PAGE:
My Professor of Military Science here in DC assigned us a one-page paper about our opinion on the use of "enhanced interrogation techniques" to extract desired intelligence from prisoners of war. This was my submission.
At the heart of the policy debate surrounding torture (or, as some euphemistically refer to it, “enhanced interrogation techniques”) lies an age-old philosophical question: do the ends justify the means? The question is difficult to answer because it juxtaposes two competing approaches to determining a just course of action, each of which informs our moral intuitions up to a certain point. Should we, as deontologists suggest, identify actions which are wrong in the abstract, and then refrain from engaging in them across the board? Or should we behave as utilitarians, taking each unique situation as it comes and then acting so as to attain whatever outcome is morally preferable? Philosophers have debated this question for centuries, and it is not likely to be resolved any time soon.
As members of the U.S. military, our answer should be “sometimes.” Clearly, the ends justify the means on some occasions – for instance, almost everyone acknowledges killing as immoral absent context, but the military does it every day in the hopes of preventing an even greater injustice. However, it is equally clear that the ends do not always justify the means; what objective could possibly justify the genocide of innocent civilians? Lest all the world’s evildoers be given free rein to justify immoral activity with whatever convoluted rationales they dream up, we need a fixed method by which to discern the situations in which the ends do justify the means from the situations in which they do not. That line may be different for different people, but for me personally, three criteria must be met:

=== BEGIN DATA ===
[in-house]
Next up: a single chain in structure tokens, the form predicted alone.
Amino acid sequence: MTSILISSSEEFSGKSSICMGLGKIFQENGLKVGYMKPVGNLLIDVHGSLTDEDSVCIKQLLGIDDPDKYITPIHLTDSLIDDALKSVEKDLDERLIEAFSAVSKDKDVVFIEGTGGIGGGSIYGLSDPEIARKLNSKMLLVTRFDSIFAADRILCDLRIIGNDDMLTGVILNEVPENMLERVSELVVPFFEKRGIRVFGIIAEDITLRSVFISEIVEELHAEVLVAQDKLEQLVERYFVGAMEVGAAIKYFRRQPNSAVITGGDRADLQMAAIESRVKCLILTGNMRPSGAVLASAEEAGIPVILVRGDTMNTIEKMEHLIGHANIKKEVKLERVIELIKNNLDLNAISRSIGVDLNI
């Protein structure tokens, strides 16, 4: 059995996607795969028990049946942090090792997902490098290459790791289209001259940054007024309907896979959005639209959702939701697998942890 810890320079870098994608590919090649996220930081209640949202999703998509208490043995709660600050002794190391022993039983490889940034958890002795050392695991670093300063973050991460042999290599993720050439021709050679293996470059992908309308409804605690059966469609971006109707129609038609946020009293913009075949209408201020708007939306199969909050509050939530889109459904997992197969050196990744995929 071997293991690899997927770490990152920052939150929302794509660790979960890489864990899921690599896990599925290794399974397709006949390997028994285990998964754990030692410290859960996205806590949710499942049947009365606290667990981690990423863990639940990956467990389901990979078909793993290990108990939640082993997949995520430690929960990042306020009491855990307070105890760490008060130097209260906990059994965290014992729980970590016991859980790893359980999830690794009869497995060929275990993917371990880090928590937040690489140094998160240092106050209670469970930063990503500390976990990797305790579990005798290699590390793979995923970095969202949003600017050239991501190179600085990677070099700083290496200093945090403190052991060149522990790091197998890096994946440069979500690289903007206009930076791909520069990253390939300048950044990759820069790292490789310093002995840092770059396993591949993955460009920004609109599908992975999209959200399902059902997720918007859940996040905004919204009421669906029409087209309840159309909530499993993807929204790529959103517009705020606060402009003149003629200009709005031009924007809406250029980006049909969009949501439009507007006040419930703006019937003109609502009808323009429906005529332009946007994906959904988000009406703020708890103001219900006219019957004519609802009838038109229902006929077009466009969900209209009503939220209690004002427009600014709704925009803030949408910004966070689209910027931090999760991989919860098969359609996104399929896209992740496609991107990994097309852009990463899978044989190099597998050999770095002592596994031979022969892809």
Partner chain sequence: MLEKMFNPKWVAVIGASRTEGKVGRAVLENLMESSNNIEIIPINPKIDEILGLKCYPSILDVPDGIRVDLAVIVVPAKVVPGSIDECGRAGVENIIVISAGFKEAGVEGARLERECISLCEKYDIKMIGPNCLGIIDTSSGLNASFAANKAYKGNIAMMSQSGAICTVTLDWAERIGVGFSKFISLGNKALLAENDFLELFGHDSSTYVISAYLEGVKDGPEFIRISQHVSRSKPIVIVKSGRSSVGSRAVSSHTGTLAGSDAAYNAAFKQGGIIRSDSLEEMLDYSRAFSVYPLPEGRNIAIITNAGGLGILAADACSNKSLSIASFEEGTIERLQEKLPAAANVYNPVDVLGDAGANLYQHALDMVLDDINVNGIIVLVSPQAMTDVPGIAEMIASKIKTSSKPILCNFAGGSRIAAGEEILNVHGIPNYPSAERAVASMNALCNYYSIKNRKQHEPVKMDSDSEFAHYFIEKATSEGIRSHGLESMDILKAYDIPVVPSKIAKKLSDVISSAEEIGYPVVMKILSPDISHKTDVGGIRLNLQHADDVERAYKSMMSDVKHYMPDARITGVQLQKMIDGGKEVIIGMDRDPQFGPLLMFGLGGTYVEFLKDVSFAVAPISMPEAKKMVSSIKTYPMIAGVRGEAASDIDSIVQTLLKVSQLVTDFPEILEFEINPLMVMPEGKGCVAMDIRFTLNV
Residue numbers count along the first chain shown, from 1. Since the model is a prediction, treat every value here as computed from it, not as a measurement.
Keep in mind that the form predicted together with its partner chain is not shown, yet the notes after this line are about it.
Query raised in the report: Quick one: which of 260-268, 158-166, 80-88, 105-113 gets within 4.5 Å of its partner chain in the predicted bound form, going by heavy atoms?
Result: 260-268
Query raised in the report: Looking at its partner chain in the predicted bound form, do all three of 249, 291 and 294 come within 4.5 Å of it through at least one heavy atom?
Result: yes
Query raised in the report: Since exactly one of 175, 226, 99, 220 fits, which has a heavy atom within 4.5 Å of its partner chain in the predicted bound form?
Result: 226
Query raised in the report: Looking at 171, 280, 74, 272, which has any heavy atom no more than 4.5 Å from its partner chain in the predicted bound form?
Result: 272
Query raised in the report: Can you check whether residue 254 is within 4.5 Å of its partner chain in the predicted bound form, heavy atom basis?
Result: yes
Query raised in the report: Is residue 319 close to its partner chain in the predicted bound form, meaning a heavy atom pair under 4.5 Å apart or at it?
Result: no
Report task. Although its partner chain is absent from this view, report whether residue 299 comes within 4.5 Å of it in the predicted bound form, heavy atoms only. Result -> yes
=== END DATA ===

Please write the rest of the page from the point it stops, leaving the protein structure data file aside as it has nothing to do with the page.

- Failure to obtain the ends must lead to more injustice, on net, than the act in question.
- The link between the means and ends must be highly certain; there must be little doubt that the act in question will directly and infallibly produce the intended result.
- There must exist no alternatives courses of action or inaction that are likely to achieve the same ends in a morally superior way.
At best, torture satisfies but one of these criteria. Even granting that the first condition is met, the link between the means of torture and the ends of mission success is by no means certain. First, the prisoner may not know the information sought by the interrogators. Even if he does know, the torture may not succeed in making him talk. Even if it does make him talk, it may not make him tell the truth. Even if he tells the truth so far as he knows it, that information may be outdated and useless by the time he provides it. And even if it is true and up to date, it is highly uncertain whether the intelligence provided will be the single decisive factor which determines long term mission success or failure. This also calls the third condition into question: the intelligence might also be acquired by non-torturous methods, and the mission might succeed even without the intelligence. There are simply too many questions surrounding the link between torture and saving American lives as to confidently proclaim that one leads to the other.
Even if torture did work, the extent to which it aids missions in the short term would have to be weighed against the long term damage it does to the United States’ image and prestige. Torture is illegal under international law; is it really in US security interests to be branded as war criminals? Some cite recent ISIS beheading videos as evidence our adversaries have no such scruples, but do we really want to stoop to their level? I joined the Army in part because I thought we were the good guys, that we were more principled than our enemies and that I could serve my country with a clear conscience. Are a few names, addresses and phone numbers really worth sacrificing that moral high ground?
We may quibble over the semantics of it, but deliberately inducing severe pain or physical discomfort on a helpless human being disquiets the conscience on a fundamental level. As a mere cadet, I am neither privy to the intelligence sought by these techniques nor personally aware of their effectiveness at attaining it. But whatever we gained came at steep moral and strategic price, and I am deeply skeptical it was worth it.